UN, WWF and world’s insurers launch insurance industry guide to protect UNESCO World Heritage Sites


The first guide for the insurance industry to protect our world’s priceless and irreplaceable assets was launched yesterday at a major event by UN Environment’s Finance Initiative (UNEP FI) in São Paulo, Brazil, convening leading insurers, investors and banks.

The pioneering guide, Protecting our World Heritage, insuring a sustainable future, builds on last year’s launch of the first insurance industry statement of commitment to protect World Heritage Sites. The statement is supported by leading insurers—writing about USD 170 billion in gross premiums and managing USD 2.7 trillion in assets—as well as by insurance associations and key stakeholders around the world.

To develop the guide, UN Environment’s Principles for Sustainable Insurance Initiative (PSI)—the largest collaboration between the UN and the insurance industry—worked with its member insurers, WWF and the UN Educational, Scientific and Cultural Organization (UNESCO) World Heritage Centre,  and was supported by ECOFACT, a sustainability service provider.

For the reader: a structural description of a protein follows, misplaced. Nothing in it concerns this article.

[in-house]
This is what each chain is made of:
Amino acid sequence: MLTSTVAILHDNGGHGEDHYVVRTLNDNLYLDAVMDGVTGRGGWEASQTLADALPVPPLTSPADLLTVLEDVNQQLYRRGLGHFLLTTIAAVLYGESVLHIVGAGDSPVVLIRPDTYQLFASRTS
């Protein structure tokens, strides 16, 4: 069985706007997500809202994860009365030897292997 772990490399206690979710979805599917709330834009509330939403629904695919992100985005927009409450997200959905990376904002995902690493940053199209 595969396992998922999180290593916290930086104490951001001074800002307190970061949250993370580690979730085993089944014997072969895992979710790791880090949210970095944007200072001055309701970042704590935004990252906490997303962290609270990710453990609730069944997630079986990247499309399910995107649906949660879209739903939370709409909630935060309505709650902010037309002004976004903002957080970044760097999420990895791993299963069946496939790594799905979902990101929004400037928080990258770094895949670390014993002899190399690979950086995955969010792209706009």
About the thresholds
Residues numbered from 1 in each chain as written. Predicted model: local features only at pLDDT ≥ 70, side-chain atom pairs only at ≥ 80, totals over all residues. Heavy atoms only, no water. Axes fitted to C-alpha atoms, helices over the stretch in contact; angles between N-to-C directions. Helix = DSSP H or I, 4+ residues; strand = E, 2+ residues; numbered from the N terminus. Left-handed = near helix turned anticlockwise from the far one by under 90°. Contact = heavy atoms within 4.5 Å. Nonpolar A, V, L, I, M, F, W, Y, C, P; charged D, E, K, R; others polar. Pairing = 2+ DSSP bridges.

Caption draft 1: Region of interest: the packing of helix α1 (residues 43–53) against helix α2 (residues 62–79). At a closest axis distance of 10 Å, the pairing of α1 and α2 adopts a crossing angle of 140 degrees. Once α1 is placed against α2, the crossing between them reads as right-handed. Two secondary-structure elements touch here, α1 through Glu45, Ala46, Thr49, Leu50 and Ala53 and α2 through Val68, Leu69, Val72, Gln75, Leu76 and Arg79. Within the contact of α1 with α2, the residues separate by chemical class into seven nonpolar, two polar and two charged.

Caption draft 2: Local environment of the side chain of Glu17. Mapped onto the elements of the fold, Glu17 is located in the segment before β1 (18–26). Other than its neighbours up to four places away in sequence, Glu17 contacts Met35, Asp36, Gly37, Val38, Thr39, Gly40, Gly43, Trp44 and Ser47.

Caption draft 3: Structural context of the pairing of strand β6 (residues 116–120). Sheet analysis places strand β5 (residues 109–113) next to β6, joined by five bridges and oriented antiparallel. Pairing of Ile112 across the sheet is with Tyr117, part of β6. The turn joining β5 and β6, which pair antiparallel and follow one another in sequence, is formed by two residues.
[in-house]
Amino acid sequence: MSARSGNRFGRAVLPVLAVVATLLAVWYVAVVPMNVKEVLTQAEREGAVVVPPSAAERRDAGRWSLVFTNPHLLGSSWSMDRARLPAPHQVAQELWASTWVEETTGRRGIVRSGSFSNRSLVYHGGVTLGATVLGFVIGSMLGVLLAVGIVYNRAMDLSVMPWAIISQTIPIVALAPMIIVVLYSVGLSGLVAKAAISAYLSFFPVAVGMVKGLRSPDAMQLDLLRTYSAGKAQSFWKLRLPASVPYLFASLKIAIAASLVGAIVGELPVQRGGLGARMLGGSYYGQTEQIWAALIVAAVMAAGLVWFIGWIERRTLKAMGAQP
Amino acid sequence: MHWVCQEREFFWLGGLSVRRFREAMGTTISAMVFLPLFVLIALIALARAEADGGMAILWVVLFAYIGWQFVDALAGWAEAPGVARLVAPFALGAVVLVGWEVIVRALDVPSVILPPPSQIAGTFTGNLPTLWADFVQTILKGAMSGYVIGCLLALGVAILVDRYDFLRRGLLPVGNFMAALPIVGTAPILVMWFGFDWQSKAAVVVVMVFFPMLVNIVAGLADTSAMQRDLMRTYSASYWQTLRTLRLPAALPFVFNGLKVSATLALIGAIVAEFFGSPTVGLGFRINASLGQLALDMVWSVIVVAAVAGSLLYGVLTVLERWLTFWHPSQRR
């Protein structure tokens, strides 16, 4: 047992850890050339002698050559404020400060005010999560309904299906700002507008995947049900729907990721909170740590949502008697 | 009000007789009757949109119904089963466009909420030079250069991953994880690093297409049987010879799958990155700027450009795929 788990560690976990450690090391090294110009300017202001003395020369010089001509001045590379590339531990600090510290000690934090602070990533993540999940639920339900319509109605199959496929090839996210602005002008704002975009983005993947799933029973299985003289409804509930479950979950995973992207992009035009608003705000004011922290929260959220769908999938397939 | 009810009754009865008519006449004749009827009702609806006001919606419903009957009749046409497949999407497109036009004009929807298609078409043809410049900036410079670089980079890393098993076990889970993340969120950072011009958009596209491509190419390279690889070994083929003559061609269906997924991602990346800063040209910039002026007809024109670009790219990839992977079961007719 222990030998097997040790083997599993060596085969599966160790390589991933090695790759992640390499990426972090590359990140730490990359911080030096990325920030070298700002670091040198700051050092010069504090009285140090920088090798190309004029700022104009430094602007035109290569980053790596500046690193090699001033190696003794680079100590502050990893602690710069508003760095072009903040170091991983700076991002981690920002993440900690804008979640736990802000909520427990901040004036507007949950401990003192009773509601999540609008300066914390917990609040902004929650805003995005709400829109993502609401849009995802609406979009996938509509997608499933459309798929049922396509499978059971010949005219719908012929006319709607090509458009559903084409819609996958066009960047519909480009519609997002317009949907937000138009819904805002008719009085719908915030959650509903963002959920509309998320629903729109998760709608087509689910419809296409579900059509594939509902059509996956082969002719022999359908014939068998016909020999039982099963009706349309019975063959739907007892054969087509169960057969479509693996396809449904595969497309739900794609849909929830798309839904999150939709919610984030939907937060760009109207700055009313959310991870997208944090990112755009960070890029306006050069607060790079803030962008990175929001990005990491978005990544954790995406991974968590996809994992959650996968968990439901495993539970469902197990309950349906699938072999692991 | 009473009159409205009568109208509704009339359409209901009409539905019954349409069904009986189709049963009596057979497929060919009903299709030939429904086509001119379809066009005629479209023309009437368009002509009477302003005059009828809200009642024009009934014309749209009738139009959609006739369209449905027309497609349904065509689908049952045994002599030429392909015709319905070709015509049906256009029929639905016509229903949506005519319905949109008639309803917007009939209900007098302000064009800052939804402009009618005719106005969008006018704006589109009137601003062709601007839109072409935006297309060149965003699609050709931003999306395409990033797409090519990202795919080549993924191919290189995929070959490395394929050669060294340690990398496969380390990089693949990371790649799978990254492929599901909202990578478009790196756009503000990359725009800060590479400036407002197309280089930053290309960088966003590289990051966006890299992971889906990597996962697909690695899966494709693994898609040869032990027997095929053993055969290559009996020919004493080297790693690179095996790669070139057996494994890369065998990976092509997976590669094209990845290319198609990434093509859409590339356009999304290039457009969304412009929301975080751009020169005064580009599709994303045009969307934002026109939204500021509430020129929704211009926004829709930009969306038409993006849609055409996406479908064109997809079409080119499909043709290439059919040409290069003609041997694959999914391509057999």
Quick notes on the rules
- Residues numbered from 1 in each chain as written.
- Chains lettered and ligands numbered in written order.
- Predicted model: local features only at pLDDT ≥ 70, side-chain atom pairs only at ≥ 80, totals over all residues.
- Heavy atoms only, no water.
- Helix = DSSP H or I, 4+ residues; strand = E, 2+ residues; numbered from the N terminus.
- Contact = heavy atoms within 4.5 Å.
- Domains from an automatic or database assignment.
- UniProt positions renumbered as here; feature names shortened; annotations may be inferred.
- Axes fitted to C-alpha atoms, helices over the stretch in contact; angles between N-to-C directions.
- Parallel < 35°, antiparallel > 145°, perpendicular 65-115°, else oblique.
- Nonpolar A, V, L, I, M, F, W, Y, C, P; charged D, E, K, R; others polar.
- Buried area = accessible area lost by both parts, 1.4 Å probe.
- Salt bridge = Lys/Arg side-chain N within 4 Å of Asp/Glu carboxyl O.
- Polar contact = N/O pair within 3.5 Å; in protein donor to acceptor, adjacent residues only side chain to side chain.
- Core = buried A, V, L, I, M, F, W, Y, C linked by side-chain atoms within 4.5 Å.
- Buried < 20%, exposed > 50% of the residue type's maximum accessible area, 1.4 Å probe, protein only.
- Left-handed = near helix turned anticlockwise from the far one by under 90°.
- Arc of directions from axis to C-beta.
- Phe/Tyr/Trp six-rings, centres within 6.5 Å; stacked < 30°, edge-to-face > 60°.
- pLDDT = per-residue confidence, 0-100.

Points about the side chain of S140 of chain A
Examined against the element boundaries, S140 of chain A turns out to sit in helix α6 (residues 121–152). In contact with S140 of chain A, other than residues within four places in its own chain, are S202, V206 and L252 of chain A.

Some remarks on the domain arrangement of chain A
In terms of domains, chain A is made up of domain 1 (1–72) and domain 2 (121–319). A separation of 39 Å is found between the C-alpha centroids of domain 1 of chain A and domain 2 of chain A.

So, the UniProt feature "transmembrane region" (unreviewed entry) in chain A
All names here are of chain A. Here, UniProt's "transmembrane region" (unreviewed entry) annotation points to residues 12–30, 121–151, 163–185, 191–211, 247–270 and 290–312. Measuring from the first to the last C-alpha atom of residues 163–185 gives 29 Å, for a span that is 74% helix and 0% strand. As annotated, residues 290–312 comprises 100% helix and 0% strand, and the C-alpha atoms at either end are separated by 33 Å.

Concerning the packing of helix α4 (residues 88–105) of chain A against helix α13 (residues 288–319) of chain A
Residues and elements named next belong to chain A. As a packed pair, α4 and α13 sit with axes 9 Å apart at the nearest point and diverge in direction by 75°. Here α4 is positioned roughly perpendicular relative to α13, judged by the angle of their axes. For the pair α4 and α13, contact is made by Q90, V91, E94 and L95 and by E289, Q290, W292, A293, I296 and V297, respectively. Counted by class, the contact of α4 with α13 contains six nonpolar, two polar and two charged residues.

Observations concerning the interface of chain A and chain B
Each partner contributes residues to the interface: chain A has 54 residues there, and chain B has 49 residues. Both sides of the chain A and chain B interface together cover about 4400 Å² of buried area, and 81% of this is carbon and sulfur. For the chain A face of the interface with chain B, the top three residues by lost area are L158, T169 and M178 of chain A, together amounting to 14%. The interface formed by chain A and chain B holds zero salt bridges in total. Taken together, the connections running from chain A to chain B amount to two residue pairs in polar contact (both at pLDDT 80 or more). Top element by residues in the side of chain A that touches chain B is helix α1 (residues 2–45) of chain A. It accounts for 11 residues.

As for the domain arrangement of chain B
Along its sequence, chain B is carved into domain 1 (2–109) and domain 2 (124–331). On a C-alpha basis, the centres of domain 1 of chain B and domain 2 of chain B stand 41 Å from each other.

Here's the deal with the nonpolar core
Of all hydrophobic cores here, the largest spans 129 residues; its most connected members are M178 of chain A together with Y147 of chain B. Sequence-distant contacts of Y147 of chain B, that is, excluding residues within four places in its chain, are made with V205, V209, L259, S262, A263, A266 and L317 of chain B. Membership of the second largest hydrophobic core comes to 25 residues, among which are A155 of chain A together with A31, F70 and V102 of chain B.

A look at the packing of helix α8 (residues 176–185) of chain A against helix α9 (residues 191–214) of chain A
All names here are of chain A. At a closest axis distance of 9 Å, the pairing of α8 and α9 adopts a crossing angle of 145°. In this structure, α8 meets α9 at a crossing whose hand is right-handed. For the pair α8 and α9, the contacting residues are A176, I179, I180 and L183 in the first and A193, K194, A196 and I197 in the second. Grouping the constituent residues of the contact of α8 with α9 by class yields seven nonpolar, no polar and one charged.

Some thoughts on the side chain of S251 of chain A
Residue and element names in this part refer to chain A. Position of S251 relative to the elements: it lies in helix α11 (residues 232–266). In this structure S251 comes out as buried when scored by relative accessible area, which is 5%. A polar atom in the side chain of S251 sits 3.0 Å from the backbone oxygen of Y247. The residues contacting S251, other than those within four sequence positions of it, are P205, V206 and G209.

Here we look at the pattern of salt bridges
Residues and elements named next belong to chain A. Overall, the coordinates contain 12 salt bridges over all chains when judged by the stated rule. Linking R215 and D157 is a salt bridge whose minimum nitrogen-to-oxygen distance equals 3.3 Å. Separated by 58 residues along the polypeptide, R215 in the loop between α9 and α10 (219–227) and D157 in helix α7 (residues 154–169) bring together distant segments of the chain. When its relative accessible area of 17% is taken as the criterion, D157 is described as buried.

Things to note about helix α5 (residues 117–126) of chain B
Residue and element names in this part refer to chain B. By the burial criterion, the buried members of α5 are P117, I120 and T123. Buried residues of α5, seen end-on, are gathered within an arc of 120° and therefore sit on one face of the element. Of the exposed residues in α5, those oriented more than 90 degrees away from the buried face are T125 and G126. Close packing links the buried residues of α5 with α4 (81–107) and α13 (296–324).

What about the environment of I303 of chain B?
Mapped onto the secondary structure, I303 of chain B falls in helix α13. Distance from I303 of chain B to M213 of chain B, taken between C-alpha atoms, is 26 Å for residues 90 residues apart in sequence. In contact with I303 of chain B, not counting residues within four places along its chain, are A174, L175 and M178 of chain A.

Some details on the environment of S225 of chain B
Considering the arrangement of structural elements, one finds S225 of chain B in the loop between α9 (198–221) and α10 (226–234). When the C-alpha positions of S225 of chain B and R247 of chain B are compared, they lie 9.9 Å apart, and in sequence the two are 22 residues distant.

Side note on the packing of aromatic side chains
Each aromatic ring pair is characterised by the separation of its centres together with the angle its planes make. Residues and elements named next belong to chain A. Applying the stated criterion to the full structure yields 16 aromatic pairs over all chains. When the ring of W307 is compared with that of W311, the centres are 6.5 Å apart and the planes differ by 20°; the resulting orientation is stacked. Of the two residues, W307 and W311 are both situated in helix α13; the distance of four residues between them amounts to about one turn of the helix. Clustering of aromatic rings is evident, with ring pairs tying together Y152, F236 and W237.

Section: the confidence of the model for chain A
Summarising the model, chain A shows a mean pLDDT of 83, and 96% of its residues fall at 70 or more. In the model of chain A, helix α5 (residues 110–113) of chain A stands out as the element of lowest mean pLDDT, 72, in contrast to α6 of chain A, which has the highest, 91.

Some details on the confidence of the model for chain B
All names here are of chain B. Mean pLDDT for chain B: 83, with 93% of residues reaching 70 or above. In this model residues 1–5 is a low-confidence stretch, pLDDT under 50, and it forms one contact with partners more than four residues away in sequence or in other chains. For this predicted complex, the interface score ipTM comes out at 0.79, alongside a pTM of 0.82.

The main aim is to provide practical guidance to insurers on how to prevent or reduce the risk of insuring and investing in companies or projects whose activities could damage World Heritage Sites, particularly in relation to sectors such as oil and gas, mining, and large-scale hydropower. Other relevant sectors include logging, fishing, agriculture, plantations, and large-scale infrastructure such as pipelines, roads and mega-ports.

World Heritage Sites are recognised for their unparalleled beauty, global significance and/or biological diversity and the important economic, social and environmental benefits they provide. Natural World Heritage Sites, in particular, provide vital resources such as food and water, and contribute significantly to economies through jobs, tourism and recreation. They also deliver critical environmental services such as stabilising soils, preventing floods and capturing carbon, all of which increase our resilience to the most harmful impacts of a warming climate. However, almost half of all natural World Heritage Sites are threatened by industrial activities and large infrastructure developments, which may cause irreversible damage

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